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Wildcat Cartridges That Went Legit

Hundreds of wildcat cartridges have come and gone through the years—some with ridiculous names and others with little ballistic benefit over factory offerings. But a few have offered real advantages and gone mainstream. Here, a veteran handloader reminisces about some of his favorites.

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How Ammo is Made: A Four-Step Process

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ARTV 2010 Ep. 2: Hornady Innovation ARTV 2010 Ep. 6: Federal .410 Judge Loads Knob Creek Full Auto Shoot Part 2
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By Mark Keefe
October 01, 2014

Different day, same headline? Maybe so, but here's the most detailed explanation to date. It’s a question of simple economics. Supply, demand and profit—or lack thereof. Plus the kind of guns American buy.

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Latest Comments

Brian Kullman wrote:
December 17, 2014

As for me, I refuse to buy any rimfire firearm until the current shortage of rimfire ammo ends. And I don't shoot much with the ones I now own. I do not hold out much hope. Too many ammo manufacturers (e.g. Remington) are no longer owned by business people with a passion for guns and shooting; they are owned by business people with a passion for profits who are indifferent to their customers. They would be happier to own rock quarries than ammo plants if the ROIC were higher than ammo plants. Concerns like 'what does the scarcity of rimfire ammo mean to the development of youth shooters' are meaningless to them.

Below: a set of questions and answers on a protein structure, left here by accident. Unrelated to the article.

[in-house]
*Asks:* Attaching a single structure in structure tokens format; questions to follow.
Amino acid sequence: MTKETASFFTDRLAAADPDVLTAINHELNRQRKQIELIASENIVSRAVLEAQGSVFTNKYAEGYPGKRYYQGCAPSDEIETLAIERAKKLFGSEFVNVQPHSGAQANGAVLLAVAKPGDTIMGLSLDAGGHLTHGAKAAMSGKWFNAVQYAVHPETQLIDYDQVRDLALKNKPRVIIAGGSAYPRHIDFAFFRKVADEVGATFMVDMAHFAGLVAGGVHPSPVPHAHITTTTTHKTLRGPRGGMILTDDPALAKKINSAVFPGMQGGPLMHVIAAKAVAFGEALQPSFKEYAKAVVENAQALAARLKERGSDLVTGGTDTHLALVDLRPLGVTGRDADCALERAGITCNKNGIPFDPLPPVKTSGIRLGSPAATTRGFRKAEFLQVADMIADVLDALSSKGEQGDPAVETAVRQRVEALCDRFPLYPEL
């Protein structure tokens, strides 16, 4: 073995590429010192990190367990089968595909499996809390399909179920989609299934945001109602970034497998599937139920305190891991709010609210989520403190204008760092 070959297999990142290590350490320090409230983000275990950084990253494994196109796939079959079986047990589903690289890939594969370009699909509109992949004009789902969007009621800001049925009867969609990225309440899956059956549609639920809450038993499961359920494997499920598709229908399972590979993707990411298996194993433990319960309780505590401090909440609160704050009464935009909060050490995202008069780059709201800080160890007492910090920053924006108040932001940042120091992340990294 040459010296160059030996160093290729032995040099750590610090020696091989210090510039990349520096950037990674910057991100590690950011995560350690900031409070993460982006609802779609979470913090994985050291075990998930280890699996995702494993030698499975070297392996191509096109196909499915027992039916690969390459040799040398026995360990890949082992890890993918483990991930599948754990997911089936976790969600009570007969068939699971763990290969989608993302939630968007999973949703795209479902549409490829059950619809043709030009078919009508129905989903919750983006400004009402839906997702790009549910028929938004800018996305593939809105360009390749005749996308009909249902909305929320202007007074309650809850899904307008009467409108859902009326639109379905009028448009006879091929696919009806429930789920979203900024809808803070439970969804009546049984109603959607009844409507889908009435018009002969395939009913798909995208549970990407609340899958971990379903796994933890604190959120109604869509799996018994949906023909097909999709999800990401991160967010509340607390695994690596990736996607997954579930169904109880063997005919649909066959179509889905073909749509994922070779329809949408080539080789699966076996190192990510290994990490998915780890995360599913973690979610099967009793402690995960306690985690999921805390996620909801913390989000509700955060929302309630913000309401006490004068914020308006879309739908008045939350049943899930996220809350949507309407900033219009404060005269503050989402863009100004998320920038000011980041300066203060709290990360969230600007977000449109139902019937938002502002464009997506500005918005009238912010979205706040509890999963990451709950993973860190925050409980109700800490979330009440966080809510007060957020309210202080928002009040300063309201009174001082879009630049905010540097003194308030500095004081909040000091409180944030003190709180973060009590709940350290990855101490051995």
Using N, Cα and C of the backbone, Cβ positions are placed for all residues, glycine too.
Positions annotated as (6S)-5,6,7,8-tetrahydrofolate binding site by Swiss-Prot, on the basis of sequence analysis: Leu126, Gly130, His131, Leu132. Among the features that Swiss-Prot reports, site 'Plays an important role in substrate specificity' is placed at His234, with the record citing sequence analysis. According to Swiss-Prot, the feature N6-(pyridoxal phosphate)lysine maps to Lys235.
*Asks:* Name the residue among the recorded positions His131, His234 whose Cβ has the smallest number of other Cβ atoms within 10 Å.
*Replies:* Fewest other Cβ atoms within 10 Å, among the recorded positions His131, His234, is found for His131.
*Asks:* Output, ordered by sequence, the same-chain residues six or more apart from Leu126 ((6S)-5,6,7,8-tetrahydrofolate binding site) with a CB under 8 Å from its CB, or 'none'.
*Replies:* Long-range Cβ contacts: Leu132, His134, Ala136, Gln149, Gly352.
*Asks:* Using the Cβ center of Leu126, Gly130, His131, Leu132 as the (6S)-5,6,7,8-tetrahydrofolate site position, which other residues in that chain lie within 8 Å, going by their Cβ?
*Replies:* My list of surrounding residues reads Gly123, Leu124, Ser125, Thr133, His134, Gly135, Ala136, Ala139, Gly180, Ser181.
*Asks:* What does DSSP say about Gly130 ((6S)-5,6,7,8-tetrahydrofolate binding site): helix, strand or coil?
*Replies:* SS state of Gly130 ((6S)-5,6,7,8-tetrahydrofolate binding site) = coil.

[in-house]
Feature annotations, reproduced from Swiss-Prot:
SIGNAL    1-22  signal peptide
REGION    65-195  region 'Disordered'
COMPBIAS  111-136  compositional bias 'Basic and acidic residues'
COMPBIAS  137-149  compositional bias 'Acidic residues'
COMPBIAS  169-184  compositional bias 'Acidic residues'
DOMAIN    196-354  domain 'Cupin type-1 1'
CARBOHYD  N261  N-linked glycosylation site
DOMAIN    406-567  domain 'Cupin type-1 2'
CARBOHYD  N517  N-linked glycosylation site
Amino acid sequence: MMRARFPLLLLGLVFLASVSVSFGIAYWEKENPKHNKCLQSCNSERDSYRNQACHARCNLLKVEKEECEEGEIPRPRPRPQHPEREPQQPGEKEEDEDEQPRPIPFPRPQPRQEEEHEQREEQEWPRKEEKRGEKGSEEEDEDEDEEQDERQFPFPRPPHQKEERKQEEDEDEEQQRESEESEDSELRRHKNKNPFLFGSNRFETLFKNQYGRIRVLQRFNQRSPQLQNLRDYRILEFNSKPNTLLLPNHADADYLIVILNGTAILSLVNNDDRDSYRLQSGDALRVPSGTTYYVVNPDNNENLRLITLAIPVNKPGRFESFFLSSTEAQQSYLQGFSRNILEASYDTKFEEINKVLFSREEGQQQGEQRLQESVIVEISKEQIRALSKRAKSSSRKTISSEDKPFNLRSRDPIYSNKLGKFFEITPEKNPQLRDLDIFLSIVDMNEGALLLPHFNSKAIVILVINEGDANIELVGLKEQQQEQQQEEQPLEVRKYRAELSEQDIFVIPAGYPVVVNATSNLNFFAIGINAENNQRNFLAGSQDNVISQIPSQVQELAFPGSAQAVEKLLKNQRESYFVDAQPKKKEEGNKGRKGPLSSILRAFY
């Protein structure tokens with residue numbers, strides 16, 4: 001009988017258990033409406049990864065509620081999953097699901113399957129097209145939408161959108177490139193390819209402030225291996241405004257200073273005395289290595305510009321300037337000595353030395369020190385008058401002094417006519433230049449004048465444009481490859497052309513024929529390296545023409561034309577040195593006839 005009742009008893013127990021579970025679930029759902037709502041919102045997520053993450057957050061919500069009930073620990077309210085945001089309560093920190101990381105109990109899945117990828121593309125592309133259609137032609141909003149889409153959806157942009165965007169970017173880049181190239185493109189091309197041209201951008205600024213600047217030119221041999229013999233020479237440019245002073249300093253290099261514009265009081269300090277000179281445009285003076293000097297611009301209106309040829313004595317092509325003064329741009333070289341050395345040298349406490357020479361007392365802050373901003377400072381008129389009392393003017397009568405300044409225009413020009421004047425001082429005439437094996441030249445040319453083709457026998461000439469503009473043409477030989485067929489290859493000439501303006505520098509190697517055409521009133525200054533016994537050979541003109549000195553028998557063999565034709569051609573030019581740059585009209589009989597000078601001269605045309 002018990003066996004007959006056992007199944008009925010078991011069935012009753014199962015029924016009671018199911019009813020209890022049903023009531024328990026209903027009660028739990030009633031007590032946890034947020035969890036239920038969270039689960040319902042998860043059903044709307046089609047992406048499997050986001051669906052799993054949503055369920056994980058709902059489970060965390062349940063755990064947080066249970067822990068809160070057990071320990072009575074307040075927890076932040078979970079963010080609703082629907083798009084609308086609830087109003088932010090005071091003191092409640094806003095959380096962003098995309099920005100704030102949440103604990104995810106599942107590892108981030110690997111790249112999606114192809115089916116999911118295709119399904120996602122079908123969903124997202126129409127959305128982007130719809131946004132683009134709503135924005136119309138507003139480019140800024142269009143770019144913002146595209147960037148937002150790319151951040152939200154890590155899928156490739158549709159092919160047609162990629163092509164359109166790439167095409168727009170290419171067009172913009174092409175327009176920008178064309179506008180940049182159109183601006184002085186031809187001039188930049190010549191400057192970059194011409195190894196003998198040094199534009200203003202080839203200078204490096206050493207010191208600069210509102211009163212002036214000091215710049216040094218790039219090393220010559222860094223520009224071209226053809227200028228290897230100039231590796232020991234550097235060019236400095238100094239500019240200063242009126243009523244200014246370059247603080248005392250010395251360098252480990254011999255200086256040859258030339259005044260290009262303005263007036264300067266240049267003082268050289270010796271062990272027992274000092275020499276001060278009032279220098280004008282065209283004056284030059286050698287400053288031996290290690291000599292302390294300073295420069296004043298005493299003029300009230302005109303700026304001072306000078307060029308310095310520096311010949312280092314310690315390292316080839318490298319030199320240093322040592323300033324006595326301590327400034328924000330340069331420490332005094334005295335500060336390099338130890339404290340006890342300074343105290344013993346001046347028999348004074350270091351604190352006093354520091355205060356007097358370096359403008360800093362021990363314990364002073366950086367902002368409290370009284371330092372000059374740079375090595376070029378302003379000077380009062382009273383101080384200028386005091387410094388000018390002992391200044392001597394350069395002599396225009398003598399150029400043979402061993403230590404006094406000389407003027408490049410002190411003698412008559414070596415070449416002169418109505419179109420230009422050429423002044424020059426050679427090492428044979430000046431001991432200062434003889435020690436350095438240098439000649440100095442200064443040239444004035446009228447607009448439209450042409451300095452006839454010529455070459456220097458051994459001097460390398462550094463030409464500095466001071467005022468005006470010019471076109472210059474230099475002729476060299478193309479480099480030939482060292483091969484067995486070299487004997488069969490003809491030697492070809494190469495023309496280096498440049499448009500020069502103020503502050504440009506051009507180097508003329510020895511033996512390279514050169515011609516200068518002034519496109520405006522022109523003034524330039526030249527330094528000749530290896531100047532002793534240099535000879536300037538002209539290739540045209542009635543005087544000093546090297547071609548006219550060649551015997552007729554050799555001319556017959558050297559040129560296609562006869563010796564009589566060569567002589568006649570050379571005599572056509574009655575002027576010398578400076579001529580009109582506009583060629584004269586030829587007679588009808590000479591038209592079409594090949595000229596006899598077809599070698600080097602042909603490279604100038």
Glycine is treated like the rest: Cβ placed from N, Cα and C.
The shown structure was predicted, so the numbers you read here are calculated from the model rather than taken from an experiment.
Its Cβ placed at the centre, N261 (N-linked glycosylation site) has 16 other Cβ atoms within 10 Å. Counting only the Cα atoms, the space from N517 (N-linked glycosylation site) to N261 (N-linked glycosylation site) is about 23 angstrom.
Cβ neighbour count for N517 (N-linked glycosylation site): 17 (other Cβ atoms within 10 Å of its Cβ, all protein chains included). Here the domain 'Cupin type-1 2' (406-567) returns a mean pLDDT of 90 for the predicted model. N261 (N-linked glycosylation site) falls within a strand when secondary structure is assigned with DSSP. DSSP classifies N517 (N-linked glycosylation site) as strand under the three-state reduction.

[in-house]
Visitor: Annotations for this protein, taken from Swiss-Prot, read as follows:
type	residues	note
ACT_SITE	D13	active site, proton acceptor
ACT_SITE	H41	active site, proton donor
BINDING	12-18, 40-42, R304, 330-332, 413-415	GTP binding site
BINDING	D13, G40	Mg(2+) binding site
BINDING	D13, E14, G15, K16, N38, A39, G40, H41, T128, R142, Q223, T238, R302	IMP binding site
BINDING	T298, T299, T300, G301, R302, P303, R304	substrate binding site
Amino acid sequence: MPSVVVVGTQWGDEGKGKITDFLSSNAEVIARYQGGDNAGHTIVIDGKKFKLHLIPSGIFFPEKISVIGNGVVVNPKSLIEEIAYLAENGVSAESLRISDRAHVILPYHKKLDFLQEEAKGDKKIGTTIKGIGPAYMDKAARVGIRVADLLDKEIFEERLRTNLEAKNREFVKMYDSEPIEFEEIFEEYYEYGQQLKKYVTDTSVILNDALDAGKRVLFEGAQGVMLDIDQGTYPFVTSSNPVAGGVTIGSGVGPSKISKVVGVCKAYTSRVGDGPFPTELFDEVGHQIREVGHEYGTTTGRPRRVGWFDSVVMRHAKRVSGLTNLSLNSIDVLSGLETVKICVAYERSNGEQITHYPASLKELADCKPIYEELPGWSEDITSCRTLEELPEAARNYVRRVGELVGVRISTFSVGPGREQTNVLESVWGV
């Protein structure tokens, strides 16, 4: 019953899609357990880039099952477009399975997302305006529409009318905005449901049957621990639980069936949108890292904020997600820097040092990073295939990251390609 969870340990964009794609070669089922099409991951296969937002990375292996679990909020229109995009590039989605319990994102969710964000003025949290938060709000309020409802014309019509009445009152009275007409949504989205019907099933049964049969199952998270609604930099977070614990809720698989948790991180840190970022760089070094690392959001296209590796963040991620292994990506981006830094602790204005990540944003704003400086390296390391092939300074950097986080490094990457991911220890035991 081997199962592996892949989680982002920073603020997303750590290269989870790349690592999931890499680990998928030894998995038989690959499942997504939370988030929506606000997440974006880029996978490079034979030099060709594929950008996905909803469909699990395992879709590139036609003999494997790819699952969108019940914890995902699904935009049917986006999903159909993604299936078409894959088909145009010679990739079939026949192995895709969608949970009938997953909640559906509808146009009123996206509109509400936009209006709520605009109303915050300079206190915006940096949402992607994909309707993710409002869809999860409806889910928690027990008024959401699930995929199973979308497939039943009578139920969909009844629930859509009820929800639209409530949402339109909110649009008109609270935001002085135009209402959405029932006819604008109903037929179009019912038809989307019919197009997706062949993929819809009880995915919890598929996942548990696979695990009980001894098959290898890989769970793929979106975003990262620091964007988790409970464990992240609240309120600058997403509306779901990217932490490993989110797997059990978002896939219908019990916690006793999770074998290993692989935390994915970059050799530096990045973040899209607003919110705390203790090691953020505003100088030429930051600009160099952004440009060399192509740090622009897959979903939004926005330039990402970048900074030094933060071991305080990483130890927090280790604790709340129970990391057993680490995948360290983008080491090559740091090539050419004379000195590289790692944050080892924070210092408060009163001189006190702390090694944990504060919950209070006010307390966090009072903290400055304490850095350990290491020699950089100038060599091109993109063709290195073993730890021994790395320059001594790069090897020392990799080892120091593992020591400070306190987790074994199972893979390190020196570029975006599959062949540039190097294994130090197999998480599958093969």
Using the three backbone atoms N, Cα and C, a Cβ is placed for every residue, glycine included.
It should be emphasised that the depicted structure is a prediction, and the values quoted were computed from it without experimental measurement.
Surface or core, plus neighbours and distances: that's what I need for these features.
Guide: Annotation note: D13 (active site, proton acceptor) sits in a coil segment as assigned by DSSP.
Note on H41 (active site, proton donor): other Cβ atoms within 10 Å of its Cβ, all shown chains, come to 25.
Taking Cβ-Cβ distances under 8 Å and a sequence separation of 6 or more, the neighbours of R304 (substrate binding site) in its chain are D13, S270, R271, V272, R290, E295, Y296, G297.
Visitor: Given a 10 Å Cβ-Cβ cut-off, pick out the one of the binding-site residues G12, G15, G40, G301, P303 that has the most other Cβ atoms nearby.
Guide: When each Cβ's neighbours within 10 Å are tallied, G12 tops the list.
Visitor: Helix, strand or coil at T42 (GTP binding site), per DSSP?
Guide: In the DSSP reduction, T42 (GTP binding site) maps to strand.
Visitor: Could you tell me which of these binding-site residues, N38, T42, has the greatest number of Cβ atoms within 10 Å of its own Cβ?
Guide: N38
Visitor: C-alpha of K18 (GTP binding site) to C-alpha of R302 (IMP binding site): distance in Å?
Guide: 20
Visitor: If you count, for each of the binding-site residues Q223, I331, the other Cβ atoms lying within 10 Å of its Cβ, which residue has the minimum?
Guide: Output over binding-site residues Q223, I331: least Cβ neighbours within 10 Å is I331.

Doc wrote:
December 15, 2014

There is something else happening. There must be other factors than the same old excuses of hoarding and speculating. This shortage has gone on for much too long for the manufacturers who are said to be running three shifts not to have caught up. Does anyone know the availability situation worldwide. If the shortage is just in the US, why? Why is there also a shortage of certain reloading components? If this were only a situation of supply and demand, the 'free' market should cause the price to rise until demand was met. That has NOT happened. Your answer is too simple.

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